The National Women's Hall of Fame is facing dire consequences after its induction of Jane Fonda earlier this month, with its host town in Seneca Falls, N.Y., now threatening to pull all funding out of respect to its veterans, many of whom still view the actress as Hanoi Jane for her support of North Vietnam, and anti-American actions during the Vietnamese war.
Seneca Falls Supervisor Greg Lazzaro released a resolution Thursday stating the town, which was the site of America's first-ever women's right's convention in 1848, would cease to support the Hall of Fame as a way of distancing itself from Fonda's actions during the Vietnam War, USA Today noted.
"Jane Fonda's actions of bringing medical supplies to North Vietnam during the Vietnam War, deriding our POWs . . . and posing for pictures atop missile-launchers designed to shoot down American planes brought divisiveness to our country and to this day to our Vietnam Veterans, and it is viewed by virtually all Veterans as treason to this country," the resolution read.
Fonda has apologized for her actions but they continue to haunt her, and now it could impact the Hall of Fame, which has received $278,750 from its host town since 2010, CNN reported. Commenting on the resolution, Lazzaro said Fonda's views remained unacceptable.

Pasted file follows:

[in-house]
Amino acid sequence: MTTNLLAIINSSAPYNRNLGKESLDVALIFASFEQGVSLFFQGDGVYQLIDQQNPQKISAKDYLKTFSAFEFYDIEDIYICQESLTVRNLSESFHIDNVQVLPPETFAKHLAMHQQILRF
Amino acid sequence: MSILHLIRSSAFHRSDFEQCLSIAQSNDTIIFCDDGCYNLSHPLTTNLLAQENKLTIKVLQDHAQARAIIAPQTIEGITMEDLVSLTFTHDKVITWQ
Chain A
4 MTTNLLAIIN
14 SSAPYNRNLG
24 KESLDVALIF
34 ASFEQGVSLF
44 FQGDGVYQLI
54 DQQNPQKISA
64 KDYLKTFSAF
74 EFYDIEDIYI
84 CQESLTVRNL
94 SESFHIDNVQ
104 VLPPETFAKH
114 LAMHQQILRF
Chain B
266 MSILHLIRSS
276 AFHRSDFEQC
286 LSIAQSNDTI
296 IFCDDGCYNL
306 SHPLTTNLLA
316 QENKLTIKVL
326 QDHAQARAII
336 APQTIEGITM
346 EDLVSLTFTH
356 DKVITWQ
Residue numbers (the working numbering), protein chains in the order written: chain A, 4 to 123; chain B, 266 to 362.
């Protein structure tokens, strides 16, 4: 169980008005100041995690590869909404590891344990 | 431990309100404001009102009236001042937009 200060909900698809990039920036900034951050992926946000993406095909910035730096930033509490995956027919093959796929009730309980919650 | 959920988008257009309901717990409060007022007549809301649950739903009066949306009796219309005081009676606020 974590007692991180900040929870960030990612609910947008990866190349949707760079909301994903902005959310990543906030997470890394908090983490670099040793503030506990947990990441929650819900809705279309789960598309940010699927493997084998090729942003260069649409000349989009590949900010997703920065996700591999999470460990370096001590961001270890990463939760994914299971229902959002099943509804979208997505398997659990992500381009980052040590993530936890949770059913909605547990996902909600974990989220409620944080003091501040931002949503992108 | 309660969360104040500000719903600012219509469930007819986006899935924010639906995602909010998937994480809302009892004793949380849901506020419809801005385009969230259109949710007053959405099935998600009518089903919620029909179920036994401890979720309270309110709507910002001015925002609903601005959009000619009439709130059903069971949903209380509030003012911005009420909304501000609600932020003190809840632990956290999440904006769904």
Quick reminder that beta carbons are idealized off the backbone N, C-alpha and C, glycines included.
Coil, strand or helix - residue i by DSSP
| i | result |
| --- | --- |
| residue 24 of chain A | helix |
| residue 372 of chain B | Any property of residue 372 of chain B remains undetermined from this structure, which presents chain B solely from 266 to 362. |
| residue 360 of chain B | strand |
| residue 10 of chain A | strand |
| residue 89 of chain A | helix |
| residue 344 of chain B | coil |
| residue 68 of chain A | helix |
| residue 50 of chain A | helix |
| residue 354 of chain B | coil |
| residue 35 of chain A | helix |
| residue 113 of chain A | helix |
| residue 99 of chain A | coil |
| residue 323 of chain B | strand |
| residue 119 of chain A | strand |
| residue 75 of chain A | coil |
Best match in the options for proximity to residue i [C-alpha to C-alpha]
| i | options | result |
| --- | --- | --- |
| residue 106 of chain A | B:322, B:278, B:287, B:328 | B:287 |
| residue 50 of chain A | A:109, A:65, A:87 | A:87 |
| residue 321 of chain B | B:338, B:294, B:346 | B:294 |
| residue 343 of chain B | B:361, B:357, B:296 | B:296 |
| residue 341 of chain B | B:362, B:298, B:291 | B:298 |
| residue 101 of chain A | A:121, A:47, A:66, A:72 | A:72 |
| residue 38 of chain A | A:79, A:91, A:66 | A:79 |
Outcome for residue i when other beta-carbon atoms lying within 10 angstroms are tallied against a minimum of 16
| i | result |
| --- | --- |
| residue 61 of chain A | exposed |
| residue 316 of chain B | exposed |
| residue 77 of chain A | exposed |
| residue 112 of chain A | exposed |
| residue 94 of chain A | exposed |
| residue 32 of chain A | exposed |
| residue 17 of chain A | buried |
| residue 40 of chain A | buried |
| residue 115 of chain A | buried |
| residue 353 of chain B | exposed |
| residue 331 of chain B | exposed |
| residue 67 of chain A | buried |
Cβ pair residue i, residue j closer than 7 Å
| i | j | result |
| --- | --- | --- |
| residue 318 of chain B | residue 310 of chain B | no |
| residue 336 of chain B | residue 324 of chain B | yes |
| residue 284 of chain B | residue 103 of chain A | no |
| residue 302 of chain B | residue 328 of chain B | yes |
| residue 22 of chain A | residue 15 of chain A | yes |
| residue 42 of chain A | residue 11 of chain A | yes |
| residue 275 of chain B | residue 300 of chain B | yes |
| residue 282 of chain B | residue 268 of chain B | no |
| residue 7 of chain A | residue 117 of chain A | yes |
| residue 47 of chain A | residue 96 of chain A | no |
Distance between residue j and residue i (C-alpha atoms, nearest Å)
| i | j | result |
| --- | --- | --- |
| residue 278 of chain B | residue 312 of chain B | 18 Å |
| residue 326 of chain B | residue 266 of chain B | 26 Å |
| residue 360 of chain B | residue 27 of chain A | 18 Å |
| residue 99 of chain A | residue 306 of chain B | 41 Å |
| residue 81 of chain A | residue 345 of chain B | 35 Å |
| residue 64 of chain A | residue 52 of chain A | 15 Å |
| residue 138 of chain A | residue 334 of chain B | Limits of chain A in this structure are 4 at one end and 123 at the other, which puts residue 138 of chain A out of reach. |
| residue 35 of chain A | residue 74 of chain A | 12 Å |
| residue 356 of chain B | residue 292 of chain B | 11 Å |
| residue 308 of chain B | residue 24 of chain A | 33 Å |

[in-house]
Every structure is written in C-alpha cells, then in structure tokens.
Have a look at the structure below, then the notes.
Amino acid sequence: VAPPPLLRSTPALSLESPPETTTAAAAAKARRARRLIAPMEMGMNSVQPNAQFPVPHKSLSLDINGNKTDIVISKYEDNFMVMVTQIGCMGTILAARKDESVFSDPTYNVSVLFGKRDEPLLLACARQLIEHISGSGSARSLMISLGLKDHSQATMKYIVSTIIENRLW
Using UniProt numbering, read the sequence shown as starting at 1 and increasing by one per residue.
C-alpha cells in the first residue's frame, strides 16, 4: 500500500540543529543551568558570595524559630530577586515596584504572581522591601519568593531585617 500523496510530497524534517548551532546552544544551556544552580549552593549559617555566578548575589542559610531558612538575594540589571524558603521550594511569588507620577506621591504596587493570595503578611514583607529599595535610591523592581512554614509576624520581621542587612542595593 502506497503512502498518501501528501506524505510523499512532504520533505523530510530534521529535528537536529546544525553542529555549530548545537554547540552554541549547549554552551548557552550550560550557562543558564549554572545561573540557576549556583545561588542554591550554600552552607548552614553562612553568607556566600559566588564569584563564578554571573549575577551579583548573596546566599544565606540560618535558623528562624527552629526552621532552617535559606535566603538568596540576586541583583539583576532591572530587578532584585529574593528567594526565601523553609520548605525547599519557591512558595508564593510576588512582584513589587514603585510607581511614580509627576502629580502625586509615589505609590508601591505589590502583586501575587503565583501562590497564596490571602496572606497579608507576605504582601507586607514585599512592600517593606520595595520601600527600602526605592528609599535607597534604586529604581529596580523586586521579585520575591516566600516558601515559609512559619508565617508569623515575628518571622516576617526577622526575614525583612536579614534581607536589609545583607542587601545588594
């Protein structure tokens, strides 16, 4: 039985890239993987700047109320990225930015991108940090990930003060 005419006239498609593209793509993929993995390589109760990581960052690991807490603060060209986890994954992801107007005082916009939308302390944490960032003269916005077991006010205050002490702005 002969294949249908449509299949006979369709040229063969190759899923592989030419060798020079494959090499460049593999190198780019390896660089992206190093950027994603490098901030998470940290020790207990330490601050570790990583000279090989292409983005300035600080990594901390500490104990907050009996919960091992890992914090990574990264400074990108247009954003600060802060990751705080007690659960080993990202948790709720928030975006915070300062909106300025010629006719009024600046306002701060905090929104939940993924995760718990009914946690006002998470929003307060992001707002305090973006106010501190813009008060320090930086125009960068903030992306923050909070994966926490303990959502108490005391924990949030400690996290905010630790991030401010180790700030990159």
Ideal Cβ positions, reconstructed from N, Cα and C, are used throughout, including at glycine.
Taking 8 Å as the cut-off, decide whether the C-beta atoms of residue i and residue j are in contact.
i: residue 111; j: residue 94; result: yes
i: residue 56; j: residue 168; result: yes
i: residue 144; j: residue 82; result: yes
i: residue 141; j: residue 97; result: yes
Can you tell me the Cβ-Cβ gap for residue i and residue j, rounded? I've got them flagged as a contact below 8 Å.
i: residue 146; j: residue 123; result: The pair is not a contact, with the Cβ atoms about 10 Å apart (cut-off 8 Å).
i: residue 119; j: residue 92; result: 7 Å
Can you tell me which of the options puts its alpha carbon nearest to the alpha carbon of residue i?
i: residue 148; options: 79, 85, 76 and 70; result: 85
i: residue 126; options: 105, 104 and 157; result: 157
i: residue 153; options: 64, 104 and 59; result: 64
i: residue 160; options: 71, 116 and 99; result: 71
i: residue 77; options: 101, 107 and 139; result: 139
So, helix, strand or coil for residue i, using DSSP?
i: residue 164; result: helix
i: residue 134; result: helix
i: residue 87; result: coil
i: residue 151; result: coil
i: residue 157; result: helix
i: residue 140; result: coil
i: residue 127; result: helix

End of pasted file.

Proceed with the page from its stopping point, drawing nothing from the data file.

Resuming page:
"I don't believe she deserves to be in the hall of fame," he told CNN.
It is not just Lazzaro who feels strongly about Fonda's induction into the National Women's Hall of Fame. He said several other community members have also expressed disapproval and concern. Amongst them are members of the American Legion and Veterans of Foreign Wars including David Ostrosk, who called Fonda's induction a "slap in the face," CNN noted.
"It's like, are you kidding me? In my hometown, you want to do this," he said.
The National Women's Hall of Fame meanwhile remains steadfast in its decision to induct Fonda.
"Women who are making a difference in this world aren't always popular," commented Kate Bennett, incoming chair of the organization, said.